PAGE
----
Fuel demand rises as traffic picks up across globe, people shun public transport
Traffic picked up in cities across the globe as the summer season ended and schools opened, giving a boost to fuel demand, but the prospect of recovery remained weak as many commuters still worked from home and vehicle sales were down.
The reliance on isolated forms of travel including private cars seemed to be the main factor boosting demand, analysts and traders said, as most people avoided public transport for fear of the coronavirus.
Road traffic in New York, London and Paris was on a slow but steady recovery, data provided to Reuters by location technology company TomTom showed.
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In Moscow and Beijing, traffic was as high as pre-lockdowns levels.
Fuel demand usually falls in September as the summer driving season ends, but this year, analysts expect fuel demand in September to be almost on par with August.
"Over the first 10 days of September road fuels demand has added 700,000 barrels per day (bpd) after remaining flat over the summer months. The acceleration is mostly visible in Europe," said Artyom Tchen, senior oil market analyst at Rystad Energy.
Traffic in some small European cities such as Geneva has even exceeded 2019 levels, TomTom data showed.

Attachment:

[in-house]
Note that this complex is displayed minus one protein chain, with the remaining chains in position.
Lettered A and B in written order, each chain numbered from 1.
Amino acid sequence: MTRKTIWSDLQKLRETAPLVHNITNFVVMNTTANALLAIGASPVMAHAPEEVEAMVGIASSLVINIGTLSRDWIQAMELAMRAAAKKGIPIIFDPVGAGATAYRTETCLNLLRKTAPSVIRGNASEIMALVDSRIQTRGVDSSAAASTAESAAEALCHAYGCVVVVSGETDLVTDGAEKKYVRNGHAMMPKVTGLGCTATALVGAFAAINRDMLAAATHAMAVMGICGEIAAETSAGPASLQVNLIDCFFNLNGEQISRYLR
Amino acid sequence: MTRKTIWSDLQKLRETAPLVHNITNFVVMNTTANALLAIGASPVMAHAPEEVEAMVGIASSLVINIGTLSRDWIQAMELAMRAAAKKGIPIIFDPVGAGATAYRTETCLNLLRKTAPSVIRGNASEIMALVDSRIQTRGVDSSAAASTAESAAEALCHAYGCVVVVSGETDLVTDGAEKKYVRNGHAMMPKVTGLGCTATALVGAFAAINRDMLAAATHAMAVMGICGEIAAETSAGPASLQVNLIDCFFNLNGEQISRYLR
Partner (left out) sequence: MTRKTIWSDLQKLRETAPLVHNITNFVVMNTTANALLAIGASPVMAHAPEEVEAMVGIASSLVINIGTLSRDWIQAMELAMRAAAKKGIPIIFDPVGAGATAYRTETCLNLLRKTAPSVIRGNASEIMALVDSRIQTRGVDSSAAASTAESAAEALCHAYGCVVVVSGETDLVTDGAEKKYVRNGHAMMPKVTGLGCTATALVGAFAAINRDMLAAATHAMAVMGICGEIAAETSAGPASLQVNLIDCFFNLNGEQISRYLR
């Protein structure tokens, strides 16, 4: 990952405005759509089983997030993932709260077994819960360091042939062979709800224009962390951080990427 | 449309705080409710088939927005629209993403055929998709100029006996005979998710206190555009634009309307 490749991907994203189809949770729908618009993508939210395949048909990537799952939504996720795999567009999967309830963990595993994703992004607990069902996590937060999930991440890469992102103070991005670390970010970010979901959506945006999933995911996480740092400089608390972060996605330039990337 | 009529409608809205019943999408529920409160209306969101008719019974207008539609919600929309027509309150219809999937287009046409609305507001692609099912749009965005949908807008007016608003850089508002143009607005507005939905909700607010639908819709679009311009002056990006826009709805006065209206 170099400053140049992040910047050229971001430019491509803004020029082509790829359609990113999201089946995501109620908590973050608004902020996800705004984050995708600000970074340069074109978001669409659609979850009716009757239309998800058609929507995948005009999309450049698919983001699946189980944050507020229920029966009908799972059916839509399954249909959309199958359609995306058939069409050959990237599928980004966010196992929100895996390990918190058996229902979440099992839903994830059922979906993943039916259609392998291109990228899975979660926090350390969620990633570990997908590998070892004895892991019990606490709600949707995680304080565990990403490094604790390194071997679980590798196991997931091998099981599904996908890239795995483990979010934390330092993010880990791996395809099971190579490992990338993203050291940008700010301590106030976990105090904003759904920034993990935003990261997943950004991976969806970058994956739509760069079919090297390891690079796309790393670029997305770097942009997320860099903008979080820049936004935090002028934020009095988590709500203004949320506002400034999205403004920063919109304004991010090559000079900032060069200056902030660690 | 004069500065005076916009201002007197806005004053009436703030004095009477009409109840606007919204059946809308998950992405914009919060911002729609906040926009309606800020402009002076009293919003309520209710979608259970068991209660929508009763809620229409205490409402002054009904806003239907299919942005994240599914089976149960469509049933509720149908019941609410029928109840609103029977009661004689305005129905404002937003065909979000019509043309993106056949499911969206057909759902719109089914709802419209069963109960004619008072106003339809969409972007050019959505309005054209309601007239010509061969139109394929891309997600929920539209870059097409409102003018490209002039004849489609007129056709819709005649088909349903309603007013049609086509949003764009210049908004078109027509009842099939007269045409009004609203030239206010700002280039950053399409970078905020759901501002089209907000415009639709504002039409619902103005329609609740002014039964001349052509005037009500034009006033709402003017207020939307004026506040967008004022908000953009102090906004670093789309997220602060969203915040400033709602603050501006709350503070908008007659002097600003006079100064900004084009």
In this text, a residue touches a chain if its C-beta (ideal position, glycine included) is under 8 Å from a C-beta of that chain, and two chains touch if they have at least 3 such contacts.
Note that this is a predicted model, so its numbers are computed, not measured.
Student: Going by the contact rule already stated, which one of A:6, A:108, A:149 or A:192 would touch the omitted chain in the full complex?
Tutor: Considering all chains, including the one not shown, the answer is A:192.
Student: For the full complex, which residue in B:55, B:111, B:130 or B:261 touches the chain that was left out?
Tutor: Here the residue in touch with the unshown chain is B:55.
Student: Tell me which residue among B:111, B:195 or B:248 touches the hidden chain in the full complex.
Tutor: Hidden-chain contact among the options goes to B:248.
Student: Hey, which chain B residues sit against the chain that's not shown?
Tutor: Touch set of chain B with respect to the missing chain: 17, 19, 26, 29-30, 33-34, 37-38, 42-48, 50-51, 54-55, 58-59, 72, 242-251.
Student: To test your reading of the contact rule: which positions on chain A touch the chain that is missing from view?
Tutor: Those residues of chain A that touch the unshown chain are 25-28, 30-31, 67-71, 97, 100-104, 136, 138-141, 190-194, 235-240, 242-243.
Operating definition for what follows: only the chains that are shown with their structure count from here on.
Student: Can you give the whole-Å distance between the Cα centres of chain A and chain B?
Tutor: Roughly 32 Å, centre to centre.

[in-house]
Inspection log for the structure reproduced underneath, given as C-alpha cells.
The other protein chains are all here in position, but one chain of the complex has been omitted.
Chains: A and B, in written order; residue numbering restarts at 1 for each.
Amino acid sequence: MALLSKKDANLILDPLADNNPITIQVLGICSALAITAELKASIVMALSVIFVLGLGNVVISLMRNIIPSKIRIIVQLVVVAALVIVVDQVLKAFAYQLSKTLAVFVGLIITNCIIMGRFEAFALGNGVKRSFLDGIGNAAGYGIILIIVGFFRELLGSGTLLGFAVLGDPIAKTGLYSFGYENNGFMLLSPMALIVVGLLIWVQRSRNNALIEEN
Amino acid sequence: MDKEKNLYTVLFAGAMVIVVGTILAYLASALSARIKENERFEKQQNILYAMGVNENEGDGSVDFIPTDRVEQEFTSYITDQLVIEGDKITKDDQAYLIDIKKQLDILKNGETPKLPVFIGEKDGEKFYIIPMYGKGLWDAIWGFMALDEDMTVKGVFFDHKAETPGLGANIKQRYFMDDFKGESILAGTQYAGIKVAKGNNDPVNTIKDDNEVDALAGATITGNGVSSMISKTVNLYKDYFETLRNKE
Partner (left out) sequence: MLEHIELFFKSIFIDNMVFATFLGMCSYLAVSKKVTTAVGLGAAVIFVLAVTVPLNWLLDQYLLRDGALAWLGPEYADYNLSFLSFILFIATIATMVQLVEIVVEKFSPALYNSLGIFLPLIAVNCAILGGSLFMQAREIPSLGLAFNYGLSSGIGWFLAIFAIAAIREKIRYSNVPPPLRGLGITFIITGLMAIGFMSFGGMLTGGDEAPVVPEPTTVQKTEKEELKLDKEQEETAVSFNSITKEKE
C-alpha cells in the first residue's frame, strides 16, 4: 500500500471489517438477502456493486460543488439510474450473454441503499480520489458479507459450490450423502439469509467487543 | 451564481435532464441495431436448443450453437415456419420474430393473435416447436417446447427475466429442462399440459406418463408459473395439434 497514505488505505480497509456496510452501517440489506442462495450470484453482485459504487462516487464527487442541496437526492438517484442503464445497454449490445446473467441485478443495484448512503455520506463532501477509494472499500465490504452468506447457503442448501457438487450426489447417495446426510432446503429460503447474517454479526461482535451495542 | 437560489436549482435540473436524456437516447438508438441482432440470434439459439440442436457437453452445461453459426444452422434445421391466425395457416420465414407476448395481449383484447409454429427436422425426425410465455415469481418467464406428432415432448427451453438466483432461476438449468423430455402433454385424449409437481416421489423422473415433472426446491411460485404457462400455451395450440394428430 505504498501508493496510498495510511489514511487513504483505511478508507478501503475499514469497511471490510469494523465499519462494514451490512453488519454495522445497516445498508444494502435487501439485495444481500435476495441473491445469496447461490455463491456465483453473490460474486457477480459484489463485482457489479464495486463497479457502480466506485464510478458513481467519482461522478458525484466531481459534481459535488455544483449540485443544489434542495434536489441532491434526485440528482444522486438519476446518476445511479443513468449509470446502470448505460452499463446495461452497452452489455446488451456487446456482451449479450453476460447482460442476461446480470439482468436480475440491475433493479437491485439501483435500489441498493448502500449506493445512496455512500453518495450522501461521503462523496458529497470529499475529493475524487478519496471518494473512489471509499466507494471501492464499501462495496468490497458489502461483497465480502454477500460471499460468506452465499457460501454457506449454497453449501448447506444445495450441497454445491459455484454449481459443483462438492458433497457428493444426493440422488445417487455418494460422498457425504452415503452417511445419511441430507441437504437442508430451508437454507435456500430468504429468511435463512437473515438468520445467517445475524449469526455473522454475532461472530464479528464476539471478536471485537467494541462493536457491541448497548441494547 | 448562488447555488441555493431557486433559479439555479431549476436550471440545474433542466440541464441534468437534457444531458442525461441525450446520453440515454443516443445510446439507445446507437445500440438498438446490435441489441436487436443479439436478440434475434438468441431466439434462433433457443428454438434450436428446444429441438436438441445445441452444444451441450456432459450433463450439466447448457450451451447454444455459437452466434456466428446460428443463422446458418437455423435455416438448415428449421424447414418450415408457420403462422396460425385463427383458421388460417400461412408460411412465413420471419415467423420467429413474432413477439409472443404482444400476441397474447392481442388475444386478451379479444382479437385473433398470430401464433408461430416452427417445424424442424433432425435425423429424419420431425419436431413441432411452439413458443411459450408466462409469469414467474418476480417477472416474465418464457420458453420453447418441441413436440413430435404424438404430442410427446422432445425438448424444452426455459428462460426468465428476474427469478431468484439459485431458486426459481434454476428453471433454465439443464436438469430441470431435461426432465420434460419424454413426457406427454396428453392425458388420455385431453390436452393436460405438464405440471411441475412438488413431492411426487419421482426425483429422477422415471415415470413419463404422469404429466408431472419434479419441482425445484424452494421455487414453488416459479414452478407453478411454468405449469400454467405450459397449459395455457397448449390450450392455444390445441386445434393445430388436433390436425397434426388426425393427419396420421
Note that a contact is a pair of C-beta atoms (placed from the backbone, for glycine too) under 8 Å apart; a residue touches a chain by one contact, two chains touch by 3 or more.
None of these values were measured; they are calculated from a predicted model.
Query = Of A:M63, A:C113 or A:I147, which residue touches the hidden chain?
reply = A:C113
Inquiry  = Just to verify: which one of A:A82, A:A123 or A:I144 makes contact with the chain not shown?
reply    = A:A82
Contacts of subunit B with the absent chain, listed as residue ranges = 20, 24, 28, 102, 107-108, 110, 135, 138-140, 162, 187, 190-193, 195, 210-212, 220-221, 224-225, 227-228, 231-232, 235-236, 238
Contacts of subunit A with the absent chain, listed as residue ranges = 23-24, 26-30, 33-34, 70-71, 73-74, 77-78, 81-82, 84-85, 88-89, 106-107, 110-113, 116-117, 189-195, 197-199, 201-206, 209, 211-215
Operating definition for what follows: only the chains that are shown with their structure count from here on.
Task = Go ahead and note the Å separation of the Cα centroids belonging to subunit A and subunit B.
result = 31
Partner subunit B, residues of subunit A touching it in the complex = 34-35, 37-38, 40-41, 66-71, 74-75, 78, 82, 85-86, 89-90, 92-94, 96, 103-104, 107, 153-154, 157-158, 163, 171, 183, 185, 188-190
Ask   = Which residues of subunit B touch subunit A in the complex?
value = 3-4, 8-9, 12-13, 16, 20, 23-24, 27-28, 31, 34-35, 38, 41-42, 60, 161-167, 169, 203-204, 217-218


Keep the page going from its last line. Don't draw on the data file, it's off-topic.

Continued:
Data provided to Reuters by the app Transit showed public transport in many cities making a much slower recovery in September compared to road traffic.
People in the United Kingdom avoided public transport far more than French, data from Transit showed, while use of public transport in the United States remained low.
(Also read: Traffic surge in Europe and Asia adds to mixed outlook for oil)
However, analysts and traders said they did not expect a significant rise in fuel consumption in the coming months, since short trips in cities do not burn as much fuel as long holiday journeys.
The fast recovery was also capped by a rise in Covid-19 cases in several countries.
"Many commuters still working from home, new vehicle sales are still sluggish. So I believe this September visible recovery will be relatively short-lived," Tchen said.
A gasoline trader in Geneva said the uptick in fuel demand led by the end of summer vacations, opening of schools and the use of personal cars seemed to be offset by other factors such as working from home. "Demand will slightly pick up from September onward, but short-lived into Q4, Q1 and Q2," said the trader, who asked not to be identified.
Global gasoline and diesel demand is expected to return to pre-pandemic levels by the end of 2021, several senior industry executives said on Monday.